Functionalism is the original and still dominant discipline of thought in the social sciences. As a construct of two forms of scientific investigation: the scientific approach and viewing the individual as a part of a social organism or social whole, the scientific method considers society as an objectively observable and “real” entity that is suitable for methods and philosophies that guide examination and study of the physical world. The 17th century philosopher, Thomas Hobbes, believed that humans are driven by passion, which if left unrestrained would result in social chaos.
The problem, therefore, is to explain why this does not routinely occur. For functionalists, it is society, as its own entity that regulates human behavior. Emile Durkheim, the originator of this school of thought described society as a “conscious being… with it’s own special nature, distinct from that of it’s members”. The consequence of this assumption that society is a ‘social fact’ that regulates human activity is that functionalists stress how human behavior is positively determined by social structure.
Functionalism holds that everyone and everything in society, no matter how strange it may seem, serves a purpose. Crime, for example, is viewed almost universally as a nuisance. Functionalists, however, point out that crime serves several purposes. Crime creates the need for the employment of police officers, criminal investigators, prosecutors, defense attorneys, lawmakers and other related fields of work. If crime were to suddenly disappear from the planet, hundreds of thousands of jobs related to the existence of crime would no longer be necessary, and everyone in those positions would face unemployment.
It is also suggested that the existence of crime is functional in its ability to rally families and communities together around a common purpose. Durkheim concluded that crime and deviance serve three major functions for society: deviance clarifies or reaffirms societal norms, it promotes social unity, and it challenges the status quo. Deviance can bring into question the status quo, forcing society to rethink previously held norms. For example, acts perceived as criminal or deviant were critical in shaping the rights movements for African Americans, women, and homosexuals in the United States.
Without questioning the traditional way of treating disadvantaged groups, the norms of discrimination and prejudice could not be broken. Criticisms of functionalism focus on its acceptance and rationalization of social inequality and societal evils. Since functionalism holds that all aspects of society are necessary, human rights issues like poverty, hunger, slavery, and genocide must be accounted for. Critics suggest that functionalism can be used as a rationalization of such issues. The perspective is also criticized for its lack of testability, which is critical for the upholding of any social science theory.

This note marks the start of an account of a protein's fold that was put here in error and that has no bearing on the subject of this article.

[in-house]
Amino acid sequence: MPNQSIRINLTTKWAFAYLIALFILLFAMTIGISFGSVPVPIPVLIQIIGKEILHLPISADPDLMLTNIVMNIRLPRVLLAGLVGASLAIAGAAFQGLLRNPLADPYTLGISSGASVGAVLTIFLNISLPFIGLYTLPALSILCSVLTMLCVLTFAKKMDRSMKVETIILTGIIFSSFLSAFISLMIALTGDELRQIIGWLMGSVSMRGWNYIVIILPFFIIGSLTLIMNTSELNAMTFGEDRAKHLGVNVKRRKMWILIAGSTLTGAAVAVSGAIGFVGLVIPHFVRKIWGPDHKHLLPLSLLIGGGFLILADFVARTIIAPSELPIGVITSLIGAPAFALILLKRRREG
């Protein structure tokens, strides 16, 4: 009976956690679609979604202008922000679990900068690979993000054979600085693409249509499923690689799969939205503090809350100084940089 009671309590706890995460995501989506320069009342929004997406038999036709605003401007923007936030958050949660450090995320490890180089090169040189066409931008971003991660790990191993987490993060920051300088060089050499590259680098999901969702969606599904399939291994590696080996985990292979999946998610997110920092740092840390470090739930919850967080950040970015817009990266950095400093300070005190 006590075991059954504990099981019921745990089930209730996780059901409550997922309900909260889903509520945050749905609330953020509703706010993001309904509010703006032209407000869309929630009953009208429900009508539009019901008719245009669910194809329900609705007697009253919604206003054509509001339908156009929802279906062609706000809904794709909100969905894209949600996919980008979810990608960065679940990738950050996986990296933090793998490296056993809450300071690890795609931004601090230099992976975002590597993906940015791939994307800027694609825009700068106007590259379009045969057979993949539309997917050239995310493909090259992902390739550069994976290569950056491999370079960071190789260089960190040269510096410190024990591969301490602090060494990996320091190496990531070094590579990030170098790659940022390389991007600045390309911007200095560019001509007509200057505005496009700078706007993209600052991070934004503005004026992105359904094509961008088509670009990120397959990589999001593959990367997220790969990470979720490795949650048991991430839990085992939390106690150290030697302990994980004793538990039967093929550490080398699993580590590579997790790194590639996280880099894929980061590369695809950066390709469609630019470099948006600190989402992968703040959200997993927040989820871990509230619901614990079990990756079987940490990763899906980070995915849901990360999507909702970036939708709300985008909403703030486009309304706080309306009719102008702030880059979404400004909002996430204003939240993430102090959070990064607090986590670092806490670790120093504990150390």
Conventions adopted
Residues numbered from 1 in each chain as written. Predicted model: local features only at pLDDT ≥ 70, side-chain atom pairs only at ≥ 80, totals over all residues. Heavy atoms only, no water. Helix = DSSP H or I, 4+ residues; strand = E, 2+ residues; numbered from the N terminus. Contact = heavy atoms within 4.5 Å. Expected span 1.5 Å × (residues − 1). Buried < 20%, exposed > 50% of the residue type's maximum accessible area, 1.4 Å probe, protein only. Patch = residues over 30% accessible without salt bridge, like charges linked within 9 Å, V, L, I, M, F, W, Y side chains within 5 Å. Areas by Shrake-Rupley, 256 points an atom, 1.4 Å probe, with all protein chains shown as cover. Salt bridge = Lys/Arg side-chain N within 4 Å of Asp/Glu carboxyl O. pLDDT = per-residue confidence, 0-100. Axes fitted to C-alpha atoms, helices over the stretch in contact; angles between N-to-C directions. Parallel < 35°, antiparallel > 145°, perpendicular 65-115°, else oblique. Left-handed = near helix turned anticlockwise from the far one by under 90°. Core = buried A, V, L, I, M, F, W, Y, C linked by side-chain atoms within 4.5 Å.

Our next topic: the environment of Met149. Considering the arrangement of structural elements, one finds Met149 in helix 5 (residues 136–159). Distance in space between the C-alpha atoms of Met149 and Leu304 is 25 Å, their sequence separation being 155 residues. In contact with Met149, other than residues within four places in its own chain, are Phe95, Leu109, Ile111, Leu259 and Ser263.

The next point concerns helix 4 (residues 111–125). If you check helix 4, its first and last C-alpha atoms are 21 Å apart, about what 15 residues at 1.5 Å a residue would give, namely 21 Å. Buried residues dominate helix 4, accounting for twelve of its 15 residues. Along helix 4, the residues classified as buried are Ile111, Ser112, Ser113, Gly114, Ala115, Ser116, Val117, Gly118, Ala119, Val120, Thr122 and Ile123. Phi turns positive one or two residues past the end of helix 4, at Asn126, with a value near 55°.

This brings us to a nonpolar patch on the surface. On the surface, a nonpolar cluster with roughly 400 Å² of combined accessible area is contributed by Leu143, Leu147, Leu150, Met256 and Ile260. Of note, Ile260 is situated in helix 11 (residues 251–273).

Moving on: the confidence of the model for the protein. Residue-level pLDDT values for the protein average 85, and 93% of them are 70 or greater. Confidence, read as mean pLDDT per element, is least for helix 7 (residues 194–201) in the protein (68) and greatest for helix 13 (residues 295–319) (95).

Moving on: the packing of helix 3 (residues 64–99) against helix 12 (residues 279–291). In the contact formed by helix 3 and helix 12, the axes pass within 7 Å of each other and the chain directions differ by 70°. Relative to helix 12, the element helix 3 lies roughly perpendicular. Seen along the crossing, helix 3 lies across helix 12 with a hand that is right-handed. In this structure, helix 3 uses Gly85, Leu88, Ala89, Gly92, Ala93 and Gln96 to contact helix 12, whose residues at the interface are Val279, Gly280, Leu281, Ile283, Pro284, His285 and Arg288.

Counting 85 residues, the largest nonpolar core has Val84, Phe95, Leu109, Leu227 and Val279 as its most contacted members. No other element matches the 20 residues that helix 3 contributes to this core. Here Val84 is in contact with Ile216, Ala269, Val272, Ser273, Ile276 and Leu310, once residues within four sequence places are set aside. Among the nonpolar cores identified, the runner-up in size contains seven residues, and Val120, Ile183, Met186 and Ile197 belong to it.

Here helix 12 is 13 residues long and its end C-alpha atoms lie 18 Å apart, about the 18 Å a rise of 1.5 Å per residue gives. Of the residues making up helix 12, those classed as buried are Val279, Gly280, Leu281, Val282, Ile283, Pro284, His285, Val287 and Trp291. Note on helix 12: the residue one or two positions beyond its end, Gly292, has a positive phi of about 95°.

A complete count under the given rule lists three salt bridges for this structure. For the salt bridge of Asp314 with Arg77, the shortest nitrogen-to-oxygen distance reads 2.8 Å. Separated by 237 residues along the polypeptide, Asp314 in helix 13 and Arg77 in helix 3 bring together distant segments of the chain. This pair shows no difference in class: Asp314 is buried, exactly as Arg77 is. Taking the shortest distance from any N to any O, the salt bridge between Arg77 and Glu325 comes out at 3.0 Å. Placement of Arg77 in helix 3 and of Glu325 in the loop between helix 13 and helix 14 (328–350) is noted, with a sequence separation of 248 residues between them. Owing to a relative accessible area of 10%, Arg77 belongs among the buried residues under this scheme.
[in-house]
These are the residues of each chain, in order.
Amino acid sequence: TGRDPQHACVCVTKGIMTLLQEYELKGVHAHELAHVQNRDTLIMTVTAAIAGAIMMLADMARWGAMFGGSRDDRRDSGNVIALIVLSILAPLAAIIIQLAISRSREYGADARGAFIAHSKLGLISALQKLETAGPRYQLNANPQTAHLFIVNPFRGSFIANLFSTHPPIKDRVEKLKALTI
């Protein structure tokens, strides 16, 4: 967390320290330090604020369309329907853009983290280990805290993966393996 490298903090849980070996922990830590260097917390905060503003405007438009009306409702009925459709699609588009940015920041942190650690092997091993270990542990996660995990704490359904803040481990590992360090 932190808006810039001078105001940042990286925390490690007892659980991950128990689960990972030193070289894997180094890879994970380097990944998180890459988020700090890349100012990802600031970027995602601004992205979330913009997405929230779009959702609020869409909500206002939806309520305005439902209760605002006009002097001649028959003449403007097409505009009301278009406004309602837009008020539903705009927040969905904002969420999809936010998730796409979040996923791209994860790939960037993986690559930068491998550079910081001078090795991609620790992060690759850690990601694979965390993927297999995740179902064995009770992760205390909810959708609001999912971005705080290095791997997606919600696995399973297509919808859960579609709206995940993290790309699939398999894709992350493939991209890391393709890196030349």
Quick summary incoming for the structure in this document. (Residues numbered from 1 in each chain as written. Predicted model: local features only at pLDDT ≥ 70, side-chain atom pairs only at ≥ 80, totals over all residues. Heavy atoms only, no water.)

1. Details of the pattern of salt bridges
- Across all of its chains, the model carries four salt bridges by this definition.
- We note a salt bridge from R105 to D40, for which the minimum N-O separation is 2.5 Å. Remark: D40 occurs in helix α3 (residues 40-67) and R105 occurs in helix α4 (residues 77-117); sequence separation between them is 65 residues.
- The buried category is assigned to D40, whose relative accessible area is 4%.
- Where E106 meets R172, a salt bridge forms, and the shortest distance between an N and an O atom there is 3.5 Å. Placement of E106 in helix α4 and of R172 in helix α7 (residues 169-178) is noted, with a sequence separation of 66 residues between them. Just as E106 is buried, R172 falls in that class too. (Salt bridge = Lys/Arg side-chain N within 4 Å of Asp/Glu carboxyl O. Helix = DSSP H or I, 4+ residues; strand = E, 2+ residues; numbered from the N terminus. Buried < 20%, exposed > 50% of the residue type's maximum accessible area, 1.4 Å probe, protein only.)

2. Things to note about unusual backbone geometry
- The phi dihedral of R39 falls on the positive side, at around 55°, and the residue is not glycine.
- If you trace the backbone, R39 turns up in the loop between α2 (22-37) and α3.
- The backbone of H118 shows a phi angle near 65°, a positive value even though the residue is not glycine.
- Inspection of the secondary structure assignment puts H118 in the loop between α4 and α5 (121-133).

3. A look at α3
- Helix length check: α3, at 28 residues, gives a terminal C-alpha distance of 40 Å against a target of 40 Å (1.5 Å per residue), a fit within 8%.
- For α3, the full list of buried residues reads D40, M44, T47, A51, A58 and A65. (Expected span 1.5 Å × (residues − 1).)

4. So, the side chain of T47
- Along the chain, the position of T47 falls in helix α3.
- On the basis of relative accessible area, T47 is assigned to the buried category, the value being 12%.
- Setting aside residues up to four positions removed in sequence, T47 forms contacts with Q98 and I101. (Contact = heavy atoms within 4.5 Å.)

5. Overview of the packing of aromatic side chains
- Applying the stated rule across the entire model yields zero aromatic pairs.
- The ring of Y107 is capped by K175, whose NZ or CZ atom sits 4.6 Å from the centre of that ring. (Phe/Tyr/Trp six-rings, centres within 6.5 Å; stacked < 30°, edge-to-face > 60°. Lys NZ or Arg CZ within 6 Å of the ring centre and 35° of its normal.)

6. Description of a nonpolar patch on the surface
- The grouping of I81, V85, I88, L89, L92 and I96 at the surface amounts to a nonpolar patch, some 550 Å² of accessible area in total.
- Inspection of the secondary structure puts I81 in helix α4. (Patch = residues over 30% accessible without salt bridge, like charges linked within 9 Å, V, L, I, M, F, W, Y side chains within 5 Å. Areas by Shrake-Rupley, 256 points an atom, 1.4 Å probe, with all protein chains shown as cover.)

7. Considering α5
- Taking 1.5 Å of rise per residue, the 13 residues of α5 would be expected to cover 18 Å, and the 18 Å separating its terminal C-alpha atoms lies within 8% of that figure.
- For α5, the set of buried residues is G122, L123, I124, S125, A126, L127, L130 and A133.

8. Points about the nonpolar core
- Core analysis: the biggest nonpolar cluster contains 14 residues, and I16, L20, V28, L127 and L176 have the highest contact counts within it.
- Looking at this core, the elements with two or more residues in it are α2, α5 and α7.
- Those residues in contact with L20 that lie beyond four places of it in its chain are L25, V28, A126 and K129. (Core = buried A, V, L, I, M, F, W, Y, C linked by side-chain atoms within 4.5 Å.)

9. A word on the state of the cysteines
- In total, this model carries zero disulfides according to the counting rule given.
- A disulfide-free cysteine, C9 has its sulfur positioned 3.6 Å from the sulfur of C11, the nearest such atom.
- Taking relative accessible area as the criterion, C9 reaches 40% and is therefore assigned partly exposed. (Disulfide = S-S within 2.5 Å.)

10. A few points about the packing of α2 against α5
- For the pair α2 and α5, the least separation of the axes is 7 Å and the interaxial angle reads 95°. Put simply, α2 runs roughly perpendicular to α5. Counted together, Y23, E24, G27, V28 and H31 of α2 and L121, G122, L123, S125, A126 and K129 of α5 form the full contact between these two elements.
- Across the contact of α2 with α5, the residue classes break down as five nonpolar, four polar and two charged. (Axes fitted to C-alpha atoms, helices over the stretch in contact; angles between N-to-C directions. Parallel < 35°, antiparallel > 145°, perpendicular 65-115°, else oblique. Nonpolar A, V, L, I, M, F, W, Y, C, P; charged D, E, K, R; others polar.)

Several questions stand against its reliability. Functionalism could be described as the most generalized and ineffective of the sociological schools. It is not logically in synch with variability between cultures and it cannot effectively explain change. Still, it has its strong points, such as its ability to explain crime and deviance. Functionalism essentially serves as the most conservative of the sociological schools of thought Functionalism’s view on the social stratification of our society is centered on their basic viewpoints.
These viewpoints lend themselves to promote the functionalist’s standpoints. These state that the function is a consequence, which adds to the stability of the system. A dysfunction is a consequence, which takes away stability from the system of social stratification. There are certain institutions, among them include the family, the political system, religion, economy, sports, the military, etc. , which aid the structure of society. These institutions, working in order, with harmony, will not only increase the stability of the social stratification, but will add to it.